A blinding white light exploded from the stones. The world went white. I felt the grip of Lapin’s teeth relax and finally, I felt the head let go. I felt the river start to drain out, get shallower until I was standing once more on dry land. My eyes opened to see the elder god gone, the coral gone. The fronds gone. The druid bodies gone. The buildings that had once been in Little Stonehenge gone. Grass at my feet. Nothing left of the whole section of town but green grass and a single tree. I stood around for awhile, proud of having done something good, happy to be in this place of peace. It didn’t last. I had Nero City’s hate and filth and the corruption and gunfire to deal with and I had to track down the bear who’d tricked me into trading bodies. There are times when our lives are touched by divinity and goodness and magic and all we can do is walk away and forget it. Hope had come down to a teddy bear with a sledgehammer following a little voice that just wanted to die. For a long time, that would be the best Nero City would get. Two days later, somebody chopped that one tree down.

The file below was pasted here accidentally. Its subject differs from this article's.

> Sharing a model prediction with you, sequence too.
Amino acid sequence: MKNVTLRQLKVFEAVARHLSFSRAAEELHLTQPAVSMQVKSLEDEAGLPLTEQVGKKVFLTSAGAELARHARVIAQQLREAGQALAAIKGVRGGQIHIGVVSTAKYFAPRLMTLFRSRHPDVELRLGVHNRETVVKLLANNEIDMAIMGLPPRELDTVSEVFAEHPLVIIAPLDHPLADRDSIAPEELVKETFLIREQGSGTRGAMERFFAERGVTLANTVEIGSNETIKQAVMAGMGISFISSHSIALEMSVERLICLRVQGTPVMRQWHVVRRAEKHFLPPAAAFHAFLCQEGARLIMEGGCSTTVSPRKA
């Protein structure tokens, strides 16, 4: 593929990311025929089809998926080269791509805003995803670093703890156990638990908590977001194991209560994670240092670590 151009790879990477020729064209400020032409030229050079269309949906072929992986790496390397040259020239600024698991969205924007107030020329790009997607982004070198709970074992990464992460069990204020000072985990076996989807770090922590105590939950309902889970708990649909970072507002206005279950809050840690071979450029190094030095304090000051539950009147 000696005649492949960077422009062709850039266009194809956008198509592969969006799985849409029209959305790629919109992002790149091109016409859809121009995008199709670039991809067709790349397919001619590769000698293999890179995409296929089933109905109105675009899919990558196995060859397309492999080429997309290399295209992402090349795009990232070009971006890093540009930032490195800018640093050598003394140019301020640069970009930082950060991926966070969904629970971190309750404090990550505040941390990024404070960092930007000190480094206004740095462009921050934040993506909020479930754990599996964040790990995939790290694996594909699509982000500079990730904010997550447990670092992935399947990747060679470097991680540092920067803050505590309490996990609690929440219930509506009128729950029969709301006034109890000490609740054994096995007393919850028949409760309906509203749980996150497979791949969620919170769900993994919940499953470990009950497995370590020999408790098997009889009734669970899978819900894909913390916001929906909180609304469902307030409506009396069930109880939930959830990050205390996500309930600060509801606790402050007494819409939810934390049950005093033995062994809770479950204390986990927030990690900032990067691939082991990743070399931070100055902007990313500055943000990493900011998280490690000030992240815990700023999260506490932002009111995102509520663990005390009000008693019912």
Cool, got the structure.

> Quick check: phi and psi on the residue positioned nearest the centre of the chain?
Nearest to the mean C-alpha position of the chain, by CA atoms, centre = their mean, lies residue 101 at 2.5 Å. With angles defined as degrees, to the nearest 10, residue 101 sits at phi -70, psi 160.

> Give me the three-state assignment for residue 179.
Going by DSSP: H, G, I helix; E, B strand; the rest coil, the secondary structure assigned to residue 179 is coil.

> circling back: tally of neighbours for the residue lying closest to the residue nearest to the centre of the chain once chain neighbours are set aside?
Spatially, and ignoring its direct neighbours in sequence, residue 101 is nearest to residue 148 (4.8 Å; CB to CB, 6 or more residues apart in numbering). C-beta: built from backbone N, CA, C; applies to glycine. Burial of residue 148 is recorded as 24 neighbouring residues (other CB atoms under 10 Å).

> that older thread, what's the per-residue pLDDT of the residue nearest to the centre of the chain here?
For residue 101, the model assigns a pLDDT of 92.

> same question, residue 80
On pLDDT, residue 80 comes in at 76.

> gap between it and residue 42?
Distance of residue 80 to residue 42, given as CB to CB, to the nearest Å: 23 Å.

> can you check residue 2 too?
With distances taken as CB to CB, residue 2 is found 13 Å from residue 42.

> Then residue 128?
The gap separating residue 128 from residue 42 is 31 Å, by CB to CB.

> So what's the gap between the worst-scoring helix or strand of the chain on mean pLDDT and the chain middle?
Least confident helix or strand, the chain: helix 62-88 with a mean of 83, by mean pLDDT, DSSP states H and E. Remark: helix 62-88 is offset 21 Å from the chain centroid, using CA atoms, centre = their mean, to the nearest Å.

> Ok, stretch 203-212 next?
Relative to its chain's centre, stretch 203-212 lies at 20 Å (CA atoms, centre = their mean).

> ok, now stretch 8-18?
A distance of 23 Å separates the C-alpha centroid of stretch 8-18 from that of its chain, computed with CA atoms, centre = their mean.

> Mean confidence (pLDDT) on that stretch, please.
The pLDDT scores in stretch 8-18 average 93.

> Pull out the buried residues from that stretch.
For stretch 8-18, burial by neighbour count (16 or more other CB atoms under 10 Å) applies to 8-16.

The End